December 7 Energy News

December 7, 2014


¶   “Energy coming out of the woodwork” Biomass power plants pay taxes and provide jobs all across Maine. So the folk in Maine should understand EPA analysis, that biomass is “likely to have minimal or no net atmospheric contributions of biogenic CO2 emissions, or even reduce such impacts, when compared with an alternate fate of disposal.” [Press Herald]

¶   “Clear the dark clouds over solar energy production in Florida” It seems only natural that solar power will play a meaningful role in providing for Florida’s future energy needs. Yet when it comes to encouraging the use of solar power, Florida is well behind other states such as New Jersey, where programs are in place to advance its development and use. []

Science and Technology:

¶   While such technologies as batteries, pumped-hydro, and flywheels have their merits, none is able to offer seasonal deep storage at the terawatt scale. Power-to-Gas is an elegant innovation that simply takes excess renewable electricity to create renewable hydrogen and methane for injection into natural gas pipelines or use in transportation. [Energy Collective]


¶   The fossil fuel divestment movement is gathering steam. Climate advocates are organizing the first-ever Global Divestment Day on February 13-14, 2015, when thousands of people on five continents will take collective action by demanding their respective institutions stop investing in dirty energy for economic and environmental reasons. [CleanTechnica]

¶   India is planning to create a buzz around its renewable energy program during the climate talks in Lima. A booklet specially prepared for the occasion sets out its achievements. India today has one of the most active renewable energy program in the world, meeting needs in ways that are environmentally benign. [The Hindu]

¶   Renewable energy looks set to benefit greatly from the European Union’s new €315 billion investment plan, according to recent reports. That plan will see that mountain of cash spread out across a number of different areas, including renewable energy, power network repairs/upgrades, and transportation infrastructure. [CleanTechnica]

¶   The Japanese government intends to store soil contaminated with radioactive substances on some land plots even before the land is purchased for construction of a temporary storage facility, according to sources. The substances were released in the 2011 crisis at TEPCO’s Fukushima Daiichi nuclear power plant. [The Japan News]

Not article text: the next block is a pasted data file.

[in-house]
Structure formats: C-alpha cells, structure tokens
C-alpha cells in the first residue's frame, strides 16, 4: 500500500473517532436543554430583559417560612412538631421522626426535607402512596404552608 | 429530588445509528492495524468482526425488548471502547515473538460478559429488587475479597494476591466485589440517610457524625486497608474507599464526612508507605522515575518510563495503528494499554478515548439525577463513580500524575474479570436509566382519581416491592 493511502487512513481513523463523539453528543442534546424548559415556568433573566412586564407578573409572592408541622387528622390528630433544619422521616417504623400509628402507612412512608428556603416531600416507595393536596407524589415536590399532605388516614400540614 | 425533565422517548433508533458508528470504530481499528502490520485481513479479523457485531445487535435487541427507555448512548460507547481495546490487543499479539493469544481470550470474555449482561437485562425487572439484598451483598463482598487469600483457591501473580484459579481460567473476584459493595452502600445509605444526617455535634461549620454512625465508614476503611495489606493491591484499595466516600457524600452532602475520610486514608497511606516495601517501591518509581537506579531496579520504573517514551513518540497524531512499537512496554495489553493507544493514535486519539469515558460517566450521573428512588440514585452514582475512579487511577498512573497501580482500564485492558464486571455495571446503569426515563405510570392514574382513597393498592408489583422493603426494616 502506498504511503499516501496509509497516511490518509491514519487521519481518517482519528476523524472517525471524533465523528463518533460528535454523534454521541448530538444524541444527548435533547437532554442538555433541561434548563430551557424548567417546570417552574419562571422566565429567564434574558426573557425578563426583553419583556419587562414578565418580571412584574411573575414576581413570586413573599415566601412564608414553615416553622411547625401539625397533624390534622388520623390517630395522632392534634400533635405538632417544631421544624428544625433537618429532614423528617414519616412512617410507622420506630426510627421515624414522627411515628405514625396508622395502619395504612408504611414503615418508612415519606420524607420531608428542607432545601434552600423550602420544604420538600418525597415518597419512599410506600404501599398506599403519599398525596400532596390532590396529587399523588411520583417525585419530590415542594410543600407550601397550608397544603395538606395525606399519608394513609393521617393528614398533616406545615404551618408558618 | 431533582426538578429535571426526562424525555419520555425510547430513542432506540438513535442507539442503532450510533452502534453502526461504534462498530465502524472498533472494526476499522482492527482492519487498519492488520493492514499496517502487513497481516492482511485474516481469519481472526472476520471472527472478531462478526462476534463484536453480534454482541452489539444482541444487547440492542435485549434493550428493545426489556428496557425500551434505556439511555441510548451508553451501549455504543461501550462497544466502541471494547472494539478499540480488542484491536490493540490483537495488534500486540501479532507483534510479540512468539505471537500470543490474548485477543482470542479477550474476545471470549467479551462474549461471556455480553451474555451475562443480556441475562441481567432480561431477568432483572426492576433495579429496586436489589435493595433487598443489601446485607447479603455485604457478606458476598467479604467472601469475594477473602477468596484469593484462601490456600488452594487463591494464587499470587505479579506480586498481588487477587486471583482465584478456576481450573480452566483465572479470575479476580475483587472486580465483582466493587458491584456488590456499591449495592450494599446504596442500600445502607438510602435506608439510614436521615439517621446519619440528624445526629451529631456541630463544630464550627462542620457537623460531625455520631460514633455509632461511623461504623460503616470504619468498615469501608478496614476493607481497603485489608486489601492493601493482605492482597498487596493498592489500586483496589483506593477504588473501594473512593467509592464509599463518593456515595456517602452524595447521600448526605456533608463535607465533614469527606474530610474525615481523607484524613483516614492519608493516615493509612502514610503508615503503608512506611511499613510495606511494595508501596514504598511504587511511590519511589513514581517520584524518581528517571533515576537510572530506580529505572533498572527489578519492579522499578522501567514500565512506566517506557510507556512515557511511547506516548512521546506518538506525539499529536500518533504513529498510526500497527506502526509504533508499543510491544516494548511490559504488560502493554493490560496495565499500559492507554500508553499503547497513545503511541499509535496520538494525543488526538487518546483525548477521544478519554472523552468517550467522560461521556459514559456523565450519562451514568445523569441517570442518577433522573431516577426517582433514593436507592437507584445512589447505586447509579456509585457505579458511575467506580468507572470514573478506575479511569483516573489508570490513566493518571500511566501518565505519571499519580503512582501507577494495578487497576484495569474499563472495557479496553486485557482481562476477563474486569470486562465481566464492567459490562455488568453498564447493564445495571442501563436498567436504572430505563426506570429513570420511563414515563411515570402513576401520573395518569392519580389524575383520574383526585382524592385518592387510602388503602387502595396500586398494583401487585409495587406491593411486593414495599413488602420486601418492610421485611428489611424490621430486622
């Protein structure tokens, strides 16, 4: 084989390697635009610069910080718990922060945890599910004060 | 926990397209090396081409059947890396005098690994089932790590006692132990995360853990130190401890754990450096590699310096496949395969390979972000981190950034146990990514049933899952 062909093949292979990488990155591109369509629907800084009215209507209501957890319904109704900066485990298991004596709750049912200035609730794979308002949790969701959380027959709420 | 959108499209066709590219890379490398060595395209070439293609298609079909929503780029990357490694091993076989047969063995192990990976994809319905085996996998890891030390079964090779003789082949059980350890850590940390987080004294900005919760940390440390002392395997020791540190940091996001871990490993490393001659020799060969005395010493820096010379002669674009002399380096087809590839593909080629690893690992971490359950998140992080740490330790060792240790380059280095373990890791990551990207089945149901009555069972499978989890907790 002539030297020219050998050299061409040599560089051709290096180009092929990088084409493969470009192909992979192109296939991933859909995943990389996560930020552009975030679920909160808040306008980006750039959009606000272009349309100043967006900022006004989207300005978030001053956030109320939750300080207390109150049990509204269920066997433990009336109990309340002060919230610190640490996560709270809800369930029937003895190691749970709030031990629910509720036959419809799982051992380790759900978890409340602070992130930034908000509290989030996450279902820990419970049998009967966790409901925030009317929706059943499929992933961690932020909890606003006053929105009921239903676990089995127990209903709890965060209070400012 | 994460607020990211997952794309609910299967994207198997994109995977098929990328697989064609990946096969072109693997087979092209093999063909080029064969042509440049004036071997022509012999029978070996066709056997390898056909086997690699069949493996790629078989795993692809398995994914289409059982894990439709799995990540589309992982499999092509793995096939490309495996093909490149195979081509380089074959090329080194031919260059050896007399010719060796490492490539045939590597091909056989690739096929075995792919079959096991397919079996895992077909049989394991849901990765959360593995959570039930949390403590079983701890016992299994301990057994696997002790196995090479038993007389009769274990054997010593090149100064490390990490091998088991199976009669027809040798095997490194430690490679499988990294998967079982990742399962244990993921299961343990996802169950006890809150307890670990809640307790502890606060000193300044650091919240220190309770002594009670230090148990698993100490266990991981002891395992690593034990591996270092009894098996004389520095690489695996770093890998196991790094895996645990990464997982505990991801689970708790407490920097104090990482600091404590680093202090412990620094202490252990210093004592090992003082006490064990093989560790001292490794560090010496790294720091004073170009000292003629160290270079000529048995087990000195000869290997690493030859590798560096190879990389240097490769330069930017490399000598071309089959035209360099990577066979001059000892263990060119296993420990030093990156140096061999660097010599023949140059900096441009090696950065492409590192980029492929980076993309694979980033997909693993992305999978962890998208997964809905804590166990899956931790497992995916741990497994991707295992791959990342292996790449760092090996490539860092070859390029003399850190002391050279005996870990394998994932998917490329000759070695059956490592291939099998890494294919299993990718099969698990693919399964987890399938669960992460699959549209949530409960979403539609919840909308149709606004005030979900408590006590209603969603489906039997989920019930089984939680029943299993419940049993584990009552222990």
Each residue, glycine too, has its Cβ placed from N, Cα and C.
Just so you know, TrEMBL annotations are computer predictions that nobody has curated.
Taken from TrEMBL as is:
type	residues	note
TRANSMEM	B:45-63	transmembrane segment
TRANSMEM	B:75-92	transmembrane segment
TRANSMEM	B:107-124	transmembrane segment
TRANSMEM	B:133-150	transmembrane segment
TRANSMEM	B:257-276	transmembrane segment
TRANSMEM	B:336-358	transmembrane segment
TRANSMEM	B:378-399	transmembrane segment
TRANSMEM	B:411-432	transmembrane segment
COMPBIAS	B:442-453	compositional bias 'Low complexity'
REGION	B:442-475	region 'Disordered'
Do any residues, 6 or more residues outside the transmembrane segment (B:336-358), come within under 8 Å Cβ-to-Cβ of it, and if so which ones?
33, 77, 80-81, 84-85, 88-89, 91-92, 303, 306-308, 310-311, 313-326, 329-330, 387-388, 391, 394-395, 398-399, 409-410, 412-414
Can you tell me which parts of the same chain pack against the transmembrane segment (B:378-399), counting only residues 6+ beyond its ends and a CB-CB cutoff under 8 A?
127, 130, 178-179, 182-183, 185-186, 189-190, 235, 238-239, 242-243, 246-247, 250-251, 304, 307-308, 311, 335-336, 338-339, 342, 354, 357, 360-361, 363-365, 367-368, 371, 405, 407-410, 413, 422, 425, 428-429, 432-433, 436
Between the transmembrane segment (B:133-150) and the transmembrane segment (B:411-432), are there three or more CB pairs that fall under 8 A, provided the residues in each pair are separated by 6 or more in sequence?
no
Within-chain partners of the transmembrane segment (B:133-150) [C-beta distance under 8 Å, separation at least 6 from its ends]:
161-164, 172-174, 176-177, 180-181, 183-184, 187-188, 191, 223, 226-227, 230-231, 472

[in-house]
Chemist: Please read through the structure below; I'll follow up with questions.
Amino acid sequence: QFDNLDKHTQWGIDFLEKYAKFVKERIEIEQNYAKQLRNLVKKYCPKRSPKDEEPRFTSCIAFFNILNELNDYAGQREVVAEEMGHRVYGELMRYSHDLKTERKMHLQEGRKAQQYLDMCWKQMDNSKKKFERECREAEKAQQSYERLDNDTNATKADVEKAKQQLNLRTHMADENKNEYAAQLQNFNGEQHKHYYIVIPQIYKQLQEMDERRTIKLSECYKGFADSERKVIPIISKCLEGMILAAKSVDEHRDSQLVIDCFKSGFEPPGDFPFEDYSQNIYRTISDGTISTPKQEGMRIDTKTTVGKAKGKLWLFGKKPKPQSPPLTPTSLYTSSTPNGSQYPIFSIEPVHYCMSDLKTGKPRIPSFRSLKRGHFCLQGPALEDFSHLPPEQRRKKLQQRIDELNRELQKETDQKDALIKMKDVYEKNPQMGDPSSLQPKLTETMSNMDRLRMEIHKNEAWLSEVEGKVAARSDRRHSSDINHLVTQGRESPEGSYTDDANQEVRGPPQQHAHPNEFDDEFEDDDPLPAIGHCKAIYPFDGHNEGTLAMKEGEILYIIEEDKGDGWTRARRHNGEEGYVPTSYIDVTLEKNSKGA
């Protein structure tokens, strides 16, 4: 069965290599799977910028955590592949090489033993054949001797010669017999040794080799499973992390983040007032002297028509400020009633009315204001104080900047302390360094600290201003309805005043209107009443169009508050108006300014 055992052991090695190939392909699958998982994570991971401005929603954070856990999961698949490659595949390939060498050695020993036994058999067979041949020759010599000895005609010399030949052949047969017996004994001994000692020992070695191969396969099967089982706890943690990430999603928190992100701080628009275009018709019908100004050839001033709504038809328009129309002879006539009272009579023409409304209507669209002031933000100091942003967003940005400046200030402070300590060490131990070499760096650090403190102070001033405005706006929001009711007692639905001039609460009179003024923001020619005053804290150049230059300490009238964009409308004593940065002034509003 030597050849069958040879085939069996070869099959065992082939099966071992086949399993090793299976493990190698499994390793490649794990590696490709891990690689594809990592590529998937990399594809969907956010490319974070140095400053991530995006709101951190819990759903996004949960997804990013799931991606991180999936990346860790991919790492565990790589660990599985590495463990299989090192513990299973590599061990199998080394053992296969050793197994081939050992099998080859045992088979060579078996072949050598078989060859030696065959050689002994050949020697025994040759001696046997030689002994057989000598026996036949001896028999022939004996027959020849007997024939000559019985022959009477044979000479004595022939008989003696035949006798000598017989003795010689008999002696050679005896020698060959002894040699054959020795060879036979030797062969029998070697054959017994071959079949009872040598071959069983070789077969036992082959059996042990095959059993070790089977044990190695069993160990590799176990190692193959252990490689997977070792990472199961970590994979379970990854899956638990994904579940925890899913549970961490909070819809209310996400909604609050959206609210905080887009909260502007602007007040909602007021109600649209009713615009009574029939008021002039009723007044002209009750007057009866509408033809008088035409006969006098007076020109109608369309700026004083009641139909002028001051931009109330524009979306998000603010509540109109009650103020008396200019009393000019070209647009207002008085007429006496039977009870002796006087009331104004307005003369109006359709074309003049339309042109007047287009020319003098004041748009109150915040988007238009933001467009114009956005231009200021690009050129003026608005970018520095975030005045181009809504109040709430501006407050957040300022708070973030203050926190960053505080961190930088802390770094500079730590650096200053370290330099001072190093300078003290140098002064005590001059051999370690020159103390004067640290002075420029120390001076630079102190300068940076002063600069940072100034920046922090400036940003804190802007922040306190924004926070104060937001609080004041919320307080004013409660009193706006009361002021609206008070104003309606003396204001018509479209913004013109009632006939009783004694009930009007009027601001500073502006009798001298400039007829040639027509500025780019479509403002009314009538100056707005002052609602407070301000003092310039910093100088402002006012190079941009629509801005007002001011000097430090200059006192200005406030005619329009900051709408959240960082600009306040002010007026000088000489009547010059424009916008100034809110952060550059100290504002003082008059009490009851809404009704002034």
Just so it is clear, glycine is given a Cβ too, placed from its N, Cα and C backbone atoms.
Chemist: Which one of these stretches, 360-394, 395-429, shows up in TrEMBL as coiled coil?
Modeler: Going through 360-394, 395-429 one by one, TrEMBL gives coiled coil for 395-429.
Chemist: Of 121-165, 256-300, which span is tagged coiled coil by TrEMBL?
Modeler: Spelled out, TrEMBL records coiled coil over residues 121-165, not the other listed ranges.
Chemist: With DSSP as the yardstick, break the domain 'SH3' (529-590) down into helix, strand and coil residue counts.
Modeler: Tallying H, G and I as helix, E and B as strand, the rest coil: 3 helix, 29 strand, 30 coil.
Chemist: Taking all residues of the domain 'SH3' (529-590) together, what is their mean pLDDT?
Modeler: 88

¶   Things are really cooking up in congress over the war on wind energy’s production tax credit. In the latest twist, a coalition of US Governors has waded into the fray with a letter to House leadership, citing a drop — yes, a drop — in electricity prices over the past five years, in states that have been producing more wind energy. [CleanTechnica]

¶   Bill Ritter, Colorado’s governor from 2007 to 2011,now directs the Center for the New Energy Economy at Colorado State University. The center works directly with state governments to promote development of energy that provide environmental and economic benefits, because states can move more quickly on new energy initiatives. [Omaha World-Herald]

¶   For the first time in company history, solar energy is part of the energy mix being delivered to Ameren Missouri’s 1.2 million electric customers. Following more than a month of successful testing, the O’Fallon Renewable Energy Center, Ameren’s first solar center and the largest investor-owned utility scale solar facility in Missouri, is online. []

¶   Home furnishing retailer IKEA has announced that they are increasing the size and energy generation capacity of a solar array, which was once the largest solar rooftop array in Michigan, in one of their Detroit-area stores. Now, a 240.9-kilowatt system, consisting of 765 panels, will be built on the addition’s rooftop. [EcoSeed]

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